Rustad responds to criticisms

Area-based licenses not a privatization of the forest.

Pre-election rhetoric has heated up surrounding proposed changes to forestry legislation that will see the conversion of some current volume-based logging licenses to area-based licenses.

The changes were devised as part of the solution to satisfying the need for a consistent mid-term timber supply in order to entice the rebuilding of the Babine Forest Products mill in Burns Lake which was destroyed in an explosion on Jan. 20, 2012.

Bob Simpson, MLA for Cariboo North, has been a consistent critic of the decision to rebuild the Hampton mill. Regarding the conversion of volume-based to area-based tenures, Simpson said that, “It could lead to the majority of B.C.’s public forests coming under the control of a few major forest companies.”

Currently, companies like Hampton Affiliates take logs from the Lakes Timber Supply Area (TSA) based upon a provincially proscribed volume of timber. That timber is located through-out the Lakes TSA, and Hampton, along with other license holders, must work out where that volume will be harvested.

Once it’s sawn an removed, the license holders have responsibilities regarding reforestation, but they have no assurances regarding who will benefit from that second-growth.

For Nechako Lakes MLA, John Rustad, that is one reason why the introduction of area-based tenures will go a long way to improving the mid and long-term timber supply.

“Almost everywhere we’ve gone to area-based [tenure], whether it’s a woodlot license, a community forest, or a tree farm license (TFL) the actual volume that’s available has gone up,” Rustad said.

“Companies do far more detailed inventory work than the province is capable of doing,” he said. “They almost always out-perform the province in terms of reaching free-to-grow [status] and  getting areas replanted quicker, because there’s an incentive to it.”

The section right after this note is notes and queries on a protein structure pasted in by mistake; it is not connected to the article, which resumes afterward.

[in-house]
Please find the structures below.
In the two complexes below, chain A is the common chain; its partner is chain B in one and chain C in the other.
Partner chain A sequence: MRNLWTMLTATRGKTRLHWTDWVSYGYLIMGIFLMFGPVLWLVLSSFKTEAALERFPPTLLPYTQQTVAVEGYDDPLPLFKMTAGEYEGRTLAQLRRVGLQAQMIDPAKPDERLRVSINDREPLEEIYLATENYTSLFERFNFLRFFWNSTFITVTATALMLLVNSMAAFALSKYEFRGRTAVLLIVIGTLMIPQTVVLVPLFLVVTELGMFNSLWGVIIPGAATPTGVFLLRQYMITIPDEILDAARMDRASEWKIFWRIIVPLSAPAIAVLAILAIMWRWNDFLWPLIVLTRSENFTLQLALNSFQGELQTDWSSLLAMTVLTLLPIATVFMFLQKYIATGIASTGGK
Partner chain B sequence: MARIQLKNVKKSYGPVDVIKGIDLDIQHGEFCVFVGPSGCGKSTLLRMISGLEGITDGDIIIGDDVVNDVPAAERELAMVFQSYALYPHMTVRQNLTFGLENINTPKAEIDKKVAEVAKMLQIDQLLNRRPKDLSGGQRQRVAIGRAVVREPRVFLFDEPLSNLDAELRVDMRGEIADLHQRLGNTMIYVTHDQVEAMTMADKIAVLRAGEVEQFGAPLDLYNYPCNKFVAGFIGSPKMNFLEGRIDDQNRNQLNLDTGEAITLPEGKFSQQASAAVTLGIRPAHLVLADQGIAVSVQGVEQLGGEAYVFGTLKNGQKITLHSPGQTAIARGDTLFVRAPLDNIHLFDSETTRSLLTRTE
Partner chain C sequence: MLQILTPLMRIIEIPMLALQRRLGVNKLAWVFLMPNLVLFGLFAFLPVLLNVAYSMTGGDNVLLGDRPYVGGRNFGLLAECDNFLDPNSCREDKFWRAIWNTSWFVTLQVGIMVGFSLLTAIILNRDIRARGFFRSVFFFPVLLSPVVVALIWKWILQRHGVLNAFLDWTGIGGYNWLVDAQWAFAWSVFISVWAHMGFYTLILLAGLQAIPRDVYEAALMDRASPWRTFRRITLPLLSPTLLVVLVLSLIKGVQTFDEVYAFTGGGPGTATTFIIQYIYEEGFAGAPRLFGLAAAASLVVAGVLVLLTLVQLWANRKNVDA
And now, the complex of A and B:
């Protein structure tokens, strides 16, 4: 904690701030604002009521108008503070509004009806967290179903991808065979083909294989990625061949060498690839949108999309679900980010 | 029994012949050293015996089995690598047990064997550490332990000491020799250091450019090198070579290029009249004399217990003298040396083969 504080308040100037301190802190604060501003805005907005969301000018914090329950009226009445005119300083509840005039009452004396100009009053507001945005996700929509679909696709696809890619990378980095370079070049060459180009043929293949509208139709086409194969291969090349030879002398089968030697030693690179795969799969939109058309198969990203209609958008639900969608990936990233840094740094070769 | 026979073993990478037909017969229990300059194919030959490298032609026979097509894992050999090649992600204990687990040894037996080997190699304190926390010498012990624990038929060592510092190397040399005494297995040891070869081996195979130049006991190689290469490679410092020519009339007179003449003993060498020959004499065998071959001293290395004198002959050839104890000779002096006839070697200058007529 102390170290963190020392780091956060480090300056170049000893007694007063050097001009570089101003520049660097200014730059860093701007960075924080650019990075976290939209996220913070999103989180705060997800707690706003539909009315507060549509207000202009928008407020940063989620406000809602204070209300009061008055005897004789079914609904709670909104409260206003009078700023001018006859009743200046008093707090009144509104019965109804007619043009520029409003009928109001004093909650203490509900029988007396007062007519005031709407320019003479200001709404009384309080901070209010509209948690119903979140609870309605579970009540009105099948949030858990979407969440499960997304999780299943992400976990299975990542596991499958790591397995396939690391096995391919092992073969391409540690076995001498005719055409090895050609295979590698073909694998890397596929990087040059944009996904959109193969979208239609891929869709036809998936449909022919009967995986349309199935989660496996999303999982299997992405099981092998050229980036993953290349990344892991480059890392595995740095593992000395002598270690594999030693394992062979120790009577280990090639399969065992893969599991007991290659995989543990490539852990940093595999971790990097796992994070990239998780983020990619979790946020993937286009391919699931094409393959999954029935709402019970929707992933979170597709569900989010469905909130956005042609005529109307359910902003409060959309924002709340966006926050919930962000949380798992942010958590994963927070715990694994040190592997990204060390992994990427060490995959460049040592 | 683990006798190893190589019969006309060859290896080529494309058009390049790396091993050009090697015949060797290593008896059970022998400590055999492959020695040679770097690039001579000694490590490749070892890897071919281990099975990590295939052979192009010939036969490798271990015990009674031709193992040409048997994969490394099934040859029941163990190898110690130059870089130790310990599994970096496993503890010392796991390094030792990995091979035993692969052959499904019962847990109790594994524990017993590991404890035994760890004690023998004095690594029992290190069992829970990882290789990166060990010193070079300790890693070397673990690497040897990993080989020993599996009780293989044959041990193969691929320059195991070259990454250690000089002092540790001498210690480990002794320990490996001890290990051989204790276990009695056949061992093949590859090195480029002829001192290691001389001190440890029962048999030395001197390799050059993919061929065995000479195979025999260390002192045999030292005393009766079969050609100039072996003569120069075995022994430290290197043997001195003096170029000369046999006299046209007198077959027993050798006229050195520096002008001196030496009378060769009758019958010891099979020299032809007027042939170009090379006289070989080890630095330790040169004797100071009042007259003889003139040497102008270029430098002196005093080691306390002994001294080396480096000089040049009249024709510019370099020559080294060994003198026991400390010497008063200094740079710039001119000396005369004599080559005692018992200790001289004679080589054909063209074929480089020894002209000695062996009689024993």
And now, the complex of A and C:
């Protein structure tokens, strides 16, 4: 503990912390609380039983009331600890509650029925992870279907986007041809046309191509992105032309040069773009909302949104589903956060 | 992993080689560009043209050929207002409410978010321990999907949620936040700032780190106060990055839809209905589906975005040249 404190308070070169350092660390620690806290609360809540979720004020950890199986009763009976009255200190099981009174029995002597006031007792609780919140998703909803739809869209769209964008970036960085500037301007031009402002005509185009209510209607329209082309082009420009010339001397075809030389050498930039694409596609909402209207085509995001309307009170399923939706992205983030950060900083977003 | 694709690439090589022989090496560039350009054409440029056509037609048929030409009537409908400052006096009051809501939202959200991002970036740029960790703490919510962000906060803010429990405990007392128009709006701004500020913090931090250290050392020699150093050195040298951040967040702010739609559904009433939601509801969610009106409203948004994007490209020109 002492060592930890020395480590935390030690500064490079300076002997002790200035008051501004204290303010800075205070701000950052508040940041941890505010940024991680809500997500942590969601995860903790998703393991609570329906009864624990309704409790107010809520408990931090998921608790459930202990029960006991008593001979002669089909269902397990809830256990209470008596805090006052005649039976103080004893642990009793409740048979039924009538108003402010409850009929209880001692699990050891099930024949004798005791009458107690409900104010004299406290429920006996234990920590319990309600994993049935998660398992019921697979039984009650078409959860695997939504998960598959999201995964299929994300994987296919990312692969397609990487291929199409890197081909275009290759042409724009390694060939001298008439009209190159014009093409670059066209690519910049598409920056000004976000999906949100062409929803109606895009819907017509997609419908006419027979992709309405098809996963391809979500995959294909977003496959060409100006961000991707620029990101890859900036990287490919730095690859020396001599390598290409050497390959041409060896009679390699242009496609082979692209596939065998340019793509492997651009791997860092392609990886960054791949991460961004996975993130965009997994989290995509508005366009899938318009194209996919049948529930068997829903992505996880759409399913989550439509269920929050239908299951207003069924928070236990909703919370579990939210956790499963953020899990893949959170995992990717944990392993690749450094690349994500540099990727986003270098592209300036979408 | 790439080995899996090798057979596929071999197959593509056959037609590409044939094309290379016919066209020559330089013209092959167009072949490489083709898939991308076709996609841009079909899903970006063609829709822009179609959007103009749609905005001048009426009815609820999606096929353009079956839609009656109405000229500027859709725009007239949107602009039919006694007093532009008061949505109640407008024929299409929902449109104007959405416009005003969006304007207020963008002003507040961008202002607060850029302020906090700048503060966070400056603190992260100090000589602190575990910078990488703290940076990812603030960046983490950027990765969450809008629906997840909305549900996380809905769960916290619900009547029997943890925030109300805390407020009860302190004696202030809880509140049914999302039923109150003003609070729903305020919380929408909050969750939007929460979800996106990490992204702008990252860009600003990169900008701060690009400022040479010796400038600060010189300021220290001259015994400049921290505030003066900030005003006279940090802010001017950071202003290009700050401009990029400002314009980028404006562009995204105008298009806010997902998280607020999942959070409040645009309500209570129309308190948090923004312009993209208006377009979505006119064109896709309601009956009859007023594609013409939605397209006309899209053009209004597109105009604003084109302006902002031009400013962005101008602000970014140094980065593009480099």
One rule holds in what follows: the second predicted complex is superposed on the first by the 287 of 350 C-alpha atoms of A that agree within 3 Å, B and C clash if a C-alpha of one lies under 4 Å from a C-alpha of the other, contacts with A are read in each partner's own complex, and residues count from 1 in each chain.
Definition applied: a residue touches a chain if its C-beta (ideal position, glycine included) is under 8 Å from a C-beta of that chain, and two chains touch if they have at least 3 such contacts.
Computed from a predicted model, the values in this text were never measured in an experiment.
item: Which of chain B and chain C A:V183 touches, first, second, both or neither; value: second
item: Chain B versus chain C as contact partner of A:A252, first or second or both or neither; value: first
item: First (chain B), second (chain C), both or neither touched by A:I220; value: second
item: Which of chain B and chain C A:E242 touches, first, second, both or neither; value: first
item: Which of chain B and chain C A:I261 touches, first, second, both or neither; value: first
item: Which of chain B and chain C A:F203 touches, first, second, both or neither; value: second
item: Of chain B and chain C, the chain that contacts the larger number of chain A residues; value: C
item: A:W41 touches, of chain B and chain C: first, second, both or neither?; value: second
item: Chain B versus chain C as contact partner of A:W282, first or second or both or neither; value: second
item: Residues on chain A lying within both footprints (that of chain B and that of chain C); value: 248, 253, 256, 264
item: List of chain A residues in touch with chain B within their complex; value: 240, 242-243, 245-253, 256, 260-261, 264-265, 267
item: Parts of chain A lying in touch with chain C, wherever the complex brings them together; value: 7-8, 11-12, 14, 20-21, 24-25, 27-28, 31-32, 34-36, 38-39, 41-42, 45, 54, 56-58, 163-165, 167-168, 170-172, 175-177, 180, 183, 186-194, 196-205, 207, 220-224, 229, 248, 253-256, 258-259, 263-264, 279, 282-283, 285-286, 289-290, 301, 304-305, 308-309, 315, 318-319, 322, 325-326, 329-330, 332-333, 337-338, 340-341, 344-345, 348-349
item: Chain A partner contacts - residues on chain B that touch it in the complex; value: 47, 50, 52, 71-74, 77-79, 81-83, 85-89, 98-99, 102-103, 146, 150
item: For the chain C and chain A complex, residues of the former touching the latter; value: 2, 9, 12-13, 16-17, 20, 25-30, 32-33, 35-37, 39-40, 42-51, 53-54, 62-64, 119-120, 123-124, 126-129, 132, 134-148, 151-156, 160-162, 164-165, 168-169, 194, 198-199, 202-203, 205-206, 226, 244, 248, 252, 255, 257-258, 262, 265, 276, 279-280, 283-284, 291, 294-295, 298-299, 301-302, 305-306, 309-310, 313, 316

The incentive missing from a volume-based approach is that an area-based tenure holder has the right to the eventual second-cut of replanted forest. According to Rustad, this means that companies will have financial incentive to care for and ensure the success of reforestation efforts.

Other provincial and local forestry representatives are in support of the move.

Mary Arcand, president of the B.C. Logging Truck Association, has come out cautiously in favour of the move.

“Area-based tenure could be a tremendous tool for government… Why not use this assurance of greater control over long-term timber supply as a lever to accelerate reforestation efforts, build local employment stability and encourage upgrades to mills to keep them competitive,” said Arcand.

The Burns Lake Community Forest has always been an area-based tenure. For Ron Zayac, interim general manager for the Burns Lake community forest, this has worked well in terms of securing timber supply and clarifying forest stewardship responsibilities.

“We support area-based tenures as providing licensees with an incentive to invest in the land-base so that they can reap the long-term rewards of more intensive forest management policies,” Zayac said.

For Rustad, the conversion of volume-based to area-based tenures does not represent the privatization of B.C.’s forests, despite criticisms to the contrary.

“The land is still the province’s and the [license holding] company is still required to meet all of the same forestry requirements that we have for a volume-based tenure,” Rustad said. “They still need to reforest, they still need to meet stocking standards, and they still need to get it to free-to-grow.”

And they will still pay stumpage fees.

The only real difference between forest management under an area-based scenario, Rustad said, is that the license holder becomes responsible for inventory work, and the license holder will also benefit from improved reforestation practices.

“If they do a better job of recovering [log] salvage losses, they get the benefit,” he said. “If they do a better job of planting more trees per hectare, then they get that benefit.”

Forthcoming provincial legislation will provide the framework for the conversions, but work remains to determine exactly what large-scale area-based tenures will look like through consultations with communities, stakeholders and First Nations.

“The first place that it’s going to happen is in the Lakes TSA,” said Rustad. “This is part of trying to secure the mid-term timber supply so that we have a new mill in Burns Lake for not just the next five to 10 years, but for the next generation and hopefully beyond.”